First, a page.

Let the finger-pointing begin. Can early-year stock market volatility and economic uncertainty be traced to emerging markets? Sure, at least in part. After all, China's economy is in slowdown mode (from its breakneck double-digit growth pace pre-2008 crisis). Simply put, the Chinese are demanding less crude oil, copper, or grains now, and that crimped demand ripples through the typically economically sensitive emerging markets.
Widening the lens, commodity exporters—notably Latin American economies—were hit hard by last year's collapse in commodity prices. Throw in last year's U.S. Federal Reserve interest rate hike, which raises the fear of higher borrowing costs for emerging economies, and emerging markets are seeing some challenges, to put it lightly.
What might traders expect from emerging markets for the remainder of 2016? Let's take a look.
Global growth is expected to hold steady at 3.1% in 2016, according to a Nomura Securities research note, with emerging market growth once again outpacing growth in advanced or developed nations. In 2015, emerging market countries as a group churned out a 4.2% growth rate overall versus a 1.8% pace in developed nations. The picture for 2016 is similar, as Nomura pegs emerging market GDP steady at 4.2% this year. Developed nations are expected to ratchet down to a 1.7% pace.
Who, What, and Where?
First, some basics. Emerging markets are countries that are considered to be catching up to advanced economies in terms of income per capita. Generally, this includes most of the world outside of North America, Europe, Japan, and Australia/New Zealand.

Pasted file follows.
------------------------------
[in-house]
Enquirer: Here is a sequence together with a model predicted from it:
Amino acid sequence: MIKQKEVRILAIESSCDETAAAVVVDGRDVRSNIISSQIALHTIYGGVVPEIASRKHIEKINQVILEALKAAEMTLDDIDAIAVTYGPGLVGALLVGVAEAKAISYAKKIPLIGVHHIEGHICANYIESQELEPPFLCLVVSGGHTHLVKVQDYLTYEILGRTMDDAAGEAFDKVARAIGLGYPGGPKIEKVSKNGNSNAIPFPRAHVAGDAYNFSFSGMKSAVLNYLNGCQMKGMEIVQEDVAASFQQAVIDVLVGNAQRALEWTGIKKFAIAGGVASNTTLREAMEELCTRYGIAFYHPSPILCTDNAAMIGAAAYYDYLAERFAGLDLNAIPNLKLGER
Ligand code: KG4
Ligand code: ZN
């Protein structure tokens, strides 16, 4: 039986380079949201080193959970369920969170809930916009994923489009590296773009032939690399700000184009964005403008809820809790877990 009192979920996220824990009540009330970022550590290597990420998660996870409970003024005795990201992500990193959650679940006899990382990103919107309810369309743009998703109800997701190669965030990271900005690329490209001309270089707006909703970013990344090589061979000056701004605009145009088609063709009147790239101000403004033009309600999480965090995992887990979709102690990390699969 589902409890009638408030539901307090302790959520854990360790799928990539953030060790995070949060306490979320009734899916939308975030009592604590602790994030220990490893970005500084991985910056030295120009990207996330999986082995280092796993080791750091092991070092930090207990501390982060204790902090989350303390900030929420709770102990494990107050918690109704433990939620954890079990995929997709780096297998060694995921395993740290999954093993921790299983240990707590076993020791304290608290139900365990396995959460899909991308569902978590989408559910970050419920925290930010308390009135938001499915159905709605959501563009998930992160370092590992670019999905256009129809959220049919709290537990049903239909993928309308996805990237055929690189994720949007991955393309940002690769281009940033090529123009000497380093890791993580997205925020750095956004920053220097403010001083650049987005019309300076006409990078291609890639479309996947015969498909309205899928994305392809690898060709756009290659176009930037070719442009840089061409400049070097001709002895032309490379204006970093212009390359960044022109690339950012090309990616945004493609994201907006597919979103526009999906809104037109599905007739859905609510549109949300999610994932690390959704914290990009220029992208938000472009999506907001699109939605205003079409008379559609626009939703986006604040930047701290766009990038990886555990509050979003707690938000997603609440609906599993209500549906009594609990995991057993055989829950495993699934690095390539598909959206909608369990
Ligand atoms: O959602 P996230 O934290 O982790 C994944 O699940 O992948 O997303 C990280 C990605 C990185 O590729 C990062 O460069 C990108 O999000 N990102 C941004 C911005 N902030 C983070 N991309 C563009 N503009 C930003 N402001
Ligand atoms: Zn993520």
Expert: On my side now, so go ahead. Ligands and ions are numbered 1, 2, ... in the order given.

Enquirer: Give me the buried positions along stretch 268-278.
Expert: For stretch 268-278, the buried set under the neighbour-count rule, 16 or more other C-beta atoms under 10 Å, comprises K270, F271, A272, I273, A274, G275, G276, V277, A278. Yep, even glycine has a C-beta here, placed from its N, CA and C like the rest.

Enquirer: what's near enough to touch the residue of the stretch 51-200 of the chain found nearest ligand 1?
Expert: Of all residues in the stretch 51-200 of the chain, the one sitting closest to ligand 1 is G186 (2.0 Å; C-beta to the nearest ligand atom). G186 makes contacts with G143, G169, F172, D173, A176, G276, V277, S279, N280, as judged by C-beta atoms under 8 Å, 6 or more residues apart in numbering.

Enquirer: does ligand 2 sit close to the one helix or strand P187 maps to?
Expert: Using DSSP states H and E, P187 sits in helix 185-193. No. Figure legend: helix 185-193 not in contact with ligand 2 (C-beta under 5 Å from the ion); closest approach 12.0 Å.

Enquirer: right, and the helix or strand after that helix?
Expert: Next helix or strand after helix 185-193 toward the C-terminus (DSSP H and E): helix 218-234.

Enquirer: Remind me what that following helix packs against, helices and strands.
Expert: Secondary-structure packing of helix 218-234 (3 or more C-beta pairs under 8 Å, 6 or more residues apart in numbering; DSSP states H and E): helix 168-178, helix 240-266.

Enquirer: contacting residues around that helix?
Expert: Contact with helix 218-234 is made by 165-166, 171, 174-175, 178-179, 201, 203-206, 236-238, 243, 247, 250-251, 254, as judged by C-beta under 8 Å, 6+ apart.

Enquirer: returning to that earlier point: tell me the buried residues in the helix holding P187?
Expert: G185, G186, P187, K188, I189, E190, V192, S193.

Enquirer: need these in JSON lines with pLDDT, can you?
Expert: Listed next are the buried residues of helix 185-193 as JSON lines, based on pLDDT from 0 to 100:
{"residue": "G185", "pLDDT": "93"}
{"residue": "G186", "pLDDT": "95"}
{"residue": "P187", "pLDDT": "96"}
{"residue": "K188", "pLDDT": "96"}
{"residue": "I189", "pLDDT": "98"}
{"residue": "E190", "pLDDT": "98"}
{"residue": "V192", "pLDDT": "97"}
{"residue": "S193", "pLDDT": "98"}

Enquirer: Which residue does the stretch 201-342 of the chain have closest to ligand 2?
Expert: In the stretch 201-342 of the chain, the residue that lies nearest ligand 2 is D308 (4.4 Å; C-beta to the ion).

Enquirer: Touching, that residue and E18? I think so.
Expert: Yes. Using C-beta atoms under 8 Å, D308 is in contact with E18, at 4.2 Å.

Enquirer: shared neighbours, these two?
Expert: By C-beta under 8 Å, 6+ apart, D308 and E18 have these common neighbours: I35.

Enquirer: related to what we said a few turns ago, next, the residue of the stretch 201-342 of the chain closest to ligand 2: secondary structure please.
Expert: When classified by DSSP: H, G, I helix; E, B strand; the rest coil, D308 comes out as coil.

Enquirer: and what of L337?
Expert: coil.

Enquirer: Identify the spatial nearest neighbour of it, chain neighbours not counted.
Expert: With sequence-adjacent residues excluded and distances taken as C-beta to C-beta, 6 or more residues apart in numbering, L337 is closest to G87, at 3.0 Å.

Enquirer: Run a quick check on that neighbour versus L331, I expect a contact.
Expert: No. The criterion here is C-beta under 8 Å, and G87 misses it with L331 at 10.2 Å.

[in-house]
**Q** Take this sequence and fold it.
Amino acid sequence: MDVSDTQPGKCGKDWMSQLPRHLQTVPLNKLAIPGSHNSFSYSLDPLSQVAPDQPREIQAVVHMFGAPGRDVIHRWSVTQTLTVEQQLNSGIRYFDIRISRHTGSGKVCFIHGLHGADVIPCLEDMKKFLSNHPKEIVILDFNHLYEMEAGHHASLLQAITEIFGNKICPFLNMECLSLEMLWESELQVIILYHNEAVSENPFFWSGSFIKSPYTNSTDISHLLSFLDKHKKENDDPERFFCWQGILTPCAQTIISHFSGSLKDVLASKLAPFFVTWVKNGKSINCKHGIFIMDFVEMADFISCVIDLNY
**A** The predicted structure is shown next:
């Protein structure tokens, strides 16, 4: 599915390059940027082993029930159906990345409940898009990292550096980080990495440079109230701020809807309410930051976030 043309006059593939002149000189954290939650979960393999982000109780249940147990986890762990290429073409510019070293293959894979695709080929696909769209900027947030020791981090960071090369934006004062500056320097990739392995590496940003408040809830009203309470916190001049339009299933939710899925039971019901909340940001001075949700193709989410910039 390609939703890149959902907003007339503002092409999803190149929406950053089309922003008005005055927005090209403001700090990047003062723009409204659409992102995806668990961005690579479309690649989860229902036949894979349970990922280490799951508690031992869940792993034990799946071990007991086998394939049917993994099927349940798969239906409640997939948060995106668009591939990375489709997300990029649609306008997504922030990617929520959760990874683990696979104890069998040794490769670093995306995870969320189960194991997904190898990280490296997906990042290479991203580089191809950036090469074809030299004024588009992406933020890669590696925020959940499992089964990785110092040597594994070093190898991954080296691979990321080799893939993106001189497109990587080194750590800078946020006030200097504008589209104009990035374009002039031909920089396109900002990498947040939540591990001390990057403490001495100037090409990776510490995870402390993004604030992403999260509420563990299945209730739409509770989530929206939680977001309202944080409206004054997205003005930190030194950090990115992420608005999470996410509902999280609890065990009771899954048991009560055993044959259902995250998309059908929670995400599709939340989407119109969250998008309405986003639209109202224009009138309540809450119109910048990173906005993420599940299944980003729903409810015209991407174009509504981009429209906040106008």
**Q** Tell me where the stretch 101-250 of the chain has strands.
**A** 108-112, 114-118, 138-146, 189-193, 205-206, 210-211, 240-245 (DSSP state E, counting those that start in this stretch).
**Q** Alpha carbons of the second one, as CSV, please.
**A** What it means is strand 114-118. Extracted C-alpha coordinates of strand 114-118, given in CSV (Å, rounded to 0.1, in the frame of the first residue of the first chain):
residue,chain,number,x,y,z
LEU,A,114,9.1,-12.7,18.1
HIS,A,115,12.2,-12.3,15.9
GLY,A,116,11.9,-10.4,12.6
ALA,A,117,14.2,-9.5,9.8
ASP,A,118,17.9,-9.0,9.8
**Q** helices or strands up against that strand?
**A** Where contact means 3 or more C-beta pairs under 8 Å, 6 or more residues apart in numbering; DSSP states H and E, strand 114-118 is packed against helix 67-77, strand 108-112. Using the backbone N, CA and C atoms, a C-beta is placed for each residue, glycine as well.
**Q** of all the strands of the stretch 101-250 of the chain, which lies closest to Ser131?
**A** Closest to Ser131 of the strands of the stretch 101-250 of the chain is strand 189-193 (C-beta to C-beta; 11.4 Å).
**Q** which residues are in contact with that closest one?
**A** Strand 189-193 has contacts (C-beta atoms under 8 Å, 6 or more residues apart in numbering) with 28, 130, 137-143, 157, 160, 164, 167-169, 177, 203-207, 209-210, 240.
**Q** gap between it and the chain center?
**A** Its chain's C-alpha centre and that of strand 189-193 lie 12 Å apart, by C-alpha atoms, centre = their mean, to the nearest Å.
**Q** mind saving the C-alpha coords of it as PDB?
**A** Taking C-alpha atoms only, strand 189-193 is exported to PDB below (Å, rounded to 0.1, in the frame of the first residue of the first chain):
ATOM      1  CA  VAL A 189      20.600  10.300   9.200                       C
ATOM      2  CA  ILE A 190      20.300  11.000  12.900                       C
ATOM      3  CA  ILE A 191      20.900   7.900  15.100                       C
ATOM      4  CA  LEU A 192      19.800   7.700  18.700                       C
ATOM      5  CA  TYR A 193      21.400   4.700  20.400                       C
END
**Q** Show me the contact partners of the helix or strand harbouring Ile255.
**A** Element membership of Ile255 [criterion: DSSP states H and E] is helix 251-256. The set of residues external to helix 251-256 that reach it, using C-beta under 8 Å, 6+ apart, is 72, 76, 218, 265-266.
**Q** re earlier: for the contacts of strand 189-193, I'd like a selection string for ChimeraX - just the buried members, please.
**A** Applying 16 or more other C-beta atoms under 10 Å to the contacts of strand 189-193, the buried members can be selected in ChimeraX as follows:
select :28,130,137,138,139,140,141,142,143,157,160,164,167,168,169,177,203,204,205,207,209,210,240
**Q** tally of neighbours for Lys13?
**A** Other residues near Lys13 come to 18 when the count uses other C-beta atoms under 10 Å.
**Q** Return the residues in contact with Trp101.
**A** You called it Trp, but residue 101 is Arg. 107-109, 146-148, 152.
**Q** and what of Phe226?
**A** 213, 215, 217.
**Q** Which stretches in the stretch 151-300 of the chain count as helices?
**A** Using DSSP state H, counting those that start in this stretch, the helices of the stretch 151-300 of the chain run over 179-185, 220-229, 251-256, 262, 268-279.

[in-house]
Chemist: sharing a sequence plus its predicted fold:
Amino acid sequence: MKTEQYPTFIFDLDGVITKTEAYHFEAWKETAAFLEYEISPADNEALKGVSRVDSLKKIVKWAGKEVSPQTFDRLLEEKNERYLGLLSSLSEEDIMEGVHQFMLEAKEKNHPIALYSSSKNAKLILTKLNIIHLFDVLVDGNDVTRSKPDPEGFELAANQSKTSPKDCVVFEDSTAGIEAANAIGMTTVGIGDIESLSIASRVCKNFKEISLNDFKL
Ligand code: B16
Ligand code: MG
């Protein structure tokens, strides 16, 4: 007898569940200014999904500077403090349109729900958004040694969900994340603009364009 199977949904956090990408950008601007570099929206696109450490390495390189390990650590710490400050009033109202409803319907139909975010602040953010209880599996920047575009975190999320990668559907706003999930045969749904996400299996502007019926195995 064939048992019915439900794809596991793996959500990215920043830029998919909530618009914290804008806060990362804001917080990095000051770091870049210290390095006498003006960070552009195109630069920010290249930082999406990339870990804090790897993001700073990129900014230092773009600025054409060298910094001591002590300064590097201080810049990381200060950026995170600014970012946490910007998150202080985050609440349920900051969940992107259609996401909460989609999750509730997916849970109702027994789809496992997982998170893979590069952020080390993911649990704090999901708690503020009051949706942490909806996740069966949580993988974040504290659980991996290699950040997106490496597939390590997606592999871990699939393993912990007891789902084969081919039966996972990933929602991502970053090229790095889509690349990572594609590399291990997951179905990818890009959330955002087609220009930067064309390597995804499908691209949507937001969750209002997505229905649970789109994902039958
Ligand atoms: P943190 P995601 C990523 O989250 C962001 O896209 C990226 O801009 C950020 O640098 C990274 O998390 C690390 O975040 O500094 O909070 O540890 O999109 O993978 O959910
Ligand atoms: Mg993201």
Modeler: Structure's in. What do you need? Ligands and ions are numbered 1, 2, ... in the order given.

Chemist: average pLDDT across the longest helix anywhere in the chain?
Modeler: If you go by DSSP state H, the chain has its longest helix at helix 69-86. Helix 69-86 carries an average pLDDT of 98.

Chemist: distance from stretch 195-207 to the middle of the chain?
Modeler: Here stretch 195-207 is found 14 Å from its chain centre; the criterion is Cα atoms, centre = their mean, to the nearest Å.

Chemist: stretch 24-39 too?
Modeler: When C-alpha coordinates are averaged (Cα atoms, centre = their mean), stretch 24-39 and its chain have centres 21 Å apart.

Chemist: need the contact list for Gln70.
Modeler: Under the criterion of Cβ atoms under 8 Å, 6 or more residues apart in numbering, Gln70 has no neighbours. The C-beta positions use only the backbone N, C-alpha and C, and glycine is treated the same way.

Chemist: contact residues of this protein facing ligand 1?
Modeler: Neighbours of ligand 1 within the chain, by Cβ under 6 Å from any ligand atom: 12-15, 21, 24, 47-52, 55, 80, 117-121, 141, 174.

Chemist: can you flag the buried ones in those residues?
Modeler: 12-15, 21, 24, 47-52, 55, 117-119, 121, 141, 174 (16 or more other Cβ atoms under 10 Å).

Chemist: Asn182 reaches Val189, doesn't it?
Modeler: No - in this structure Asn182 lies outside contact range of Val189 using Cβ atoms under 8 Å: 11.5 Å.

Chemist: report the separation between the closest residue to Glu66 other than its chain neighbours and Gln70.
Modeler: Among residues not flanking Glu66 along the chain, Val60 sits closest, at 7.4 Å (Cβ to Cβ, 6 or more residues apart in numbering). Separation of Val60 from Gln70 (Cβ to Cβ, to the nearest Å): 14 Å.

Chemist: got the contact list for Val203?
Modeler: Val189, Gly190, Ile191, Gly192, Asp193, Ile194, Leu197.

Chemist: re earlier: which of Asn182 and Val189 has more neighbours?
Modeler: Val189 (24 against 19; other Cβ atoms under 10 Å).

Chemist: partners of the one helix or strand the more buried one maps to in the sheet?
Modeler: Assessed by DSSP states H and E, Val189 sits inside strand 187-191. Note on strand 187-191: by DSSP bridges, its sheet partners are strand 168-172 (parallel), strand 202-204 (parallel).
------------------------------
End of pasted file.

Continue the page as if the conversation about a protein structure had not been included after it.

Emerging markets are big. They represent a disproportionate fraction of the global economy. "Emerging markets represent between 57% and 58% of world GDP on a purchasing power parity [PPP] basis. Major emerging market economies include China, India, Russia, Turkey, Saudi Arabia, Iran, Nigeria, Mexico, Brazil, and some of the ASEAN member nations such as Indonesia," explains Fotios Raptis, senior international economist for TD Economics at TD Bank Group.
Recently, the commodity sector price collapse and the Federal Reserve’s shift to tightening mode have been two major factors with a negative impact on emerging market economies. However, emerging market nations can be viewed in two groups: commodity exporters and those who are net importers of commodities. "The drop in commodity prices doesn't hurt all emerging market economies. Commodity importers like China and India should benefit," Raptis says.
Meanwhile, the Federal Reserve's switch to a rising interest rate environment last year sent tremors through emerging market economies. "The Fed cycle of rate hikes imposes pressures on most emerging market economies, since that implies capital outflows from emerging markets returning to the U.S.," says Alfredo Coutiño, director for Latin America at Moody's Analytics.
As most seasoned investors know, fundamentals aren’t the only drivers for markets. Sentiment can be a major mover, too.
Investor sentiment toward emerging markets could remain a key factor in overall financial performance this year. "Much of the volatility so far this year has been an overreaction by the market to poorly communicated exchange rate and financial market interventions by Chinese authorities. This is a theme carried over from 2015 that will continue this year as Chinese authorities and their policy responses will continue to act as a bellwether for emerging market bonds and equities," Raptis says. Stay tuned.
Can Commodities Stay Down for Long?